U.S. Senators Josh Hawley (R-Mo.), J.D. Vance (R-Ohio), and Marco Rubio (R-Fla.) sent a letter to Janet Yellen, Secretary of the Treasury and Chair of the Committee on Foreign Investment in the United States (CFIUS), urging her to block the sale of U.S. Steel to Japan-based Nippon Steel Corporation (NSC). NSC announced plans to acquire U.S. Steel on Monday, a deal that raises national security concerns and threatens to weaken America's industrial base.

"The transaction was not entered into with U.S. national security in mind. When U.S. Steel announced its “review of strategic alternatives” in August, it pledged to adopt a “measured approach.” But the board’s fiduciary duty was to its shareholders, and U.S. Steel has admitted that the very reason for the sale was its desire to “maximiz[e] value for [. . .] stockholders.” The transaction was not the product of careful deliberation over stakeholder interests, but rather the result of an auction to maximize shareholder returns," wrote the Senators. 

They continued, "Trade protections can and should induce foreign investment that expands domestic production and creates American jobs. This corporate takeover is out of step with those goals. Allowing foreign companies to buy out American companies and enjoy our trade protections subverts the very purpose for which those protections were put in place."

"The Committee cannot rebalance American trade or reshape its corporate governance, but it can mitigate some of the worst consequences of both. It can and should block the acquisition of U.S. Steel by NSC, a company whose allegiances clearly lie with a foreign state and whose record in the United States is deeply flawed," the Senators concluded. 

Read the full letter here or below.

December 19, 2023

The Hon. Janet Yellen
Secretary
U.S. Treasury Department
1500 Pennsylvania Avenue NW
Washington, D.C. 20220

Dear Secretary Yellen: 

We write to you in your capacity as Chairperson of the Committee on Foreign Investment in the United States (CFIUS) to express my concern about the acquisition of the United States Steel Corporation (“U.S. Steel”) by Japan’s Nippon Steel Corporation (“NSC”). The transaction marks a turning point for an icon of American industry and has dire implications for the industrial base of the United States. 

The transaction was not entered into with U.S. national security in mind. When U.S. Steel announced its “review of strategic alternatives” in August, it pledged to adopt a “measured approach.” But the board’s fiduciary duty was to its shareholders, and U.S. Steel has admitted that the very reason for the sale was its desire to “maximiz[e] value for . . . stockholders.” The transaction was not the product of careful deliberation over stakeholder interests, but rather the result of an auction to maximize shareholder returns. The joint press release announcing the all-cash transaction led off with a declaration about the transaction’s “certain and immediate value to U.S. Steel shareholders.”

Despite the absence of any security-focused deliberation on U.S. Steel’s part, domestic steel production is vital to U.S. national security. Democratic and Republican administrations have both acted decisively over the last forty years to bolster the industry. The endurance of President Trump’s Section 232 tariffs on steel imports demonstrates that the preservation of the domestic steel industry remains vital to our national security. Trade protections can and should induce foreign investment that expands domestic production and creates American jobs. This corporate takeover is out of step with those goals. Allowing foreign companies to buy out American companies and enjoy our trade protections subverts the very purpose for which those protections were put in place.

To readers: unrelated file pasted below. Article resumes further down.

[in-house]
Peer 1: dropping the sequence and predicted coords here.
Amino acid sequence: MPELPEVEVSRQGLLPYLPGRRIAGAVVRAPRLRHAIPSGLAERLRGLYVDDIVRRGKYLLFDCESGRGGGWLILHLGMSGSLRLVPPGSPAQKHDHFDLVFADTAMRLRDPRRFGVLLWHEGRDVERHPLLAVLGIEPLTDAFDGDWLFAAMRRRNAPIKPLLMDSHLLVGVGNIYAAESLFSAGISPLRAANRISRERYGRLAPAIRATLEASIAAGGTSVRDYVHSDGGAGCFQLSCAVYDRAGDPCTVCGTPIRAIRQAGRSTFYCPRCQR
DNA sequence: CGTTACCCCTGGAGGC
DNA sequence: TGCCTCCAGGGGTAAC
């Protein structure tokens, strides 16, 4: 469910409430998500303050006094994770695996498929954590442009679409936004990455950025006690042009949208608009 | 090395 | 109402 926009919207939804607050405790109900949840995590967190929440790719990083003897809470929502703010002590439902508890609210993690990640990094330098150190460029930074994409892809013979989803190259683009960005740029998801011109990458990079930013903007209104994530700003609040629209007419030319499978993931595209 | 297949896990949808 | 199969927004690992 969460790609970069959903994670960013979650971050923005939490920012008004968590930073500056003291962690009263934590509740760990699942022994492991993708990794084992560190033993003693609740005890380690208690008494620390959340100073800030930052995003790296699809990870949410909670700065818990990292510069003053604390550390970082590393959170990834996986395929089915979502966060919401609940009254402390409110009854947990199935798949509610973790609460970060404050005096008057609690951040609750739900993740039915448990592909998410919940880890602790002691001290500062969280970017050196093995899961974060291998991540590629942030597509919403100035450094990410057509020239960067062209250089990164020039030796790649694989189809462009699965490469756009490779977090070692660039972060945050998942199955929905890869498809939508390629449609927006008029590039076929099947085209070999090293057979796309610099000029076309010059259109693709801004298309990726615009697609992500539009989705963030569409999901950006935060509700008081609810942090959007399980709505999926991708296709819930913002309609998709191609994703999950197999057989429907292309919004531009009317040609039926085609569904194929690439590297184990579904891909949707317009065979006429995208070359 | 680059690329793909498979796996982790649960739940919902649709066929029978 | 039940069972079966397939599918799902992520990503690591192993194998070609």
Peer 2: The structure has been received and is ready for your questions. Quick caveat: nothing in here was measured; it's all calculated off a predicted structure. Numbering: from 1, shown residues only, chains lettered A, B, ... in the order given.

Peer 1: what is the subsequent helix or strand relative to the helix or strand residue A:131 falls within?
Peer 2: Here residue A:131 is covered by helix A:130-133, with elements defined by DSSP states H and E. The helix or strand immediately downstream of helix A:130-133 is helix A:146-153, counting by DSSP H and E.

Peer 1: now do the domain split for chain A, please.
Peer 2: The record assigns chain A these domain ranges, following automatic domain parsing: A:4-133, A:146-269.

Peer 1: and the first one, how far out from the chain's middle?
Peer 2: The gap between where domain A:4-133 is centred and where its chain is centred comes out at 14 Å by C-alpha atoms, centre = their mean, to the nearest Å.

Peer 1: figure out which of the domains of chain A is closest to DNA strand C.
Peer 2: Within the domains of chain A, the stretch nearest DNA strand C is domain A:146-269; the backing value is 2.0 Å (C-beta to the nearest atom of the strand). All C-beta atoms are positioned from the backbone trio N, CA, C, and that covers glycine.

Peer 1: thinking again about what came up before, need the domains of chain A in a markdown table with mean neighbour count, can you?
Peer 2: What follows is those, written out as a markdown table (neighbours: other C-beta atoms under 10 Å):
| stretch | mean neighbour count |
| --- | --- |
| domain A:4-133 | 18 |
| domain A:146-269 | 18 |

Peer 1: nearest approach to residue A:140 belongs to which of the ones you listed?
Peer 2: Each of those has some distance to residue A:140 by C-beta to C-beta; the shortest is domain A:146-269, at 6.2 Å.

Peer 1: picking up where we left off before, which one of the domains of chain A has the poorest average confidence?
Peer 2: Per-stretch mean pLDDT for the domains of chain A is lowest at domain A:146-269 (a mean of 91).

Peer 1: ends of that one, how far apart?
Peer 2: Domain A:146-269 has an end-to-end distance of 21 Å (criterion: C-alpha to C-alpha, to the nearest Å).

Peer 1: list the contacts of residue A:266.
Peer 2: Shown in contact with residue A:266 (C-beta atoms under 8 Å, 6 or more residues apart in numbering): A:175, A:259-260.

The problems with this transaction run even deeper than that, however. NSC does not share U.S. Steel’s storied connection to the United States, and its financial interests are tied into those of Japan. Earlier this year, NSC received more than $3 billion in subsidies from Japan’s Ministry of Economy, Trade, and Industry. And NSC has even flouted American trade law. As recently as August 2021, NSC was found guilty of unlawfully dumping flat-rolled steel products into the U.S. market. 

This acquisition is not occurring in a vacuum. The United States has run a trade deficit for nearly half a century. Our cumulative trade debt now stands at more than $14 trillion. Over the last five years, we have run an average annual trade deficit of more than $65 billion with Japan alone. One of the promised benefits of such unbalanced trade is that we run a capital account surplus: we import the world’s goods, and they consume our financial assets in return. In theory that may sound fine. But issues become apparent when those financial assets include critical pieces of the American industrial base. 

The Committee cannot rebalance American trade or reshape its corporate governance, but it can mitigate some of the worst consequences of both. It can and should block the acquisition of U.S. Steel by NSC, a company whose allegiances clearly lie with a foreign state and whose record in the United States is deeply flawed. We urge the Committee to initiate a review of the transaction unilaterally, particularly in light of the fact that U.S. Steel received competitive bids from American companies who would not pose the same risks. 

Thank you for your efforts to safeguard American national security. 

Sincerely,

Josh Hawley
United States Senator

J.D. Vance
United States Senator

Marco Rubio
United States Senator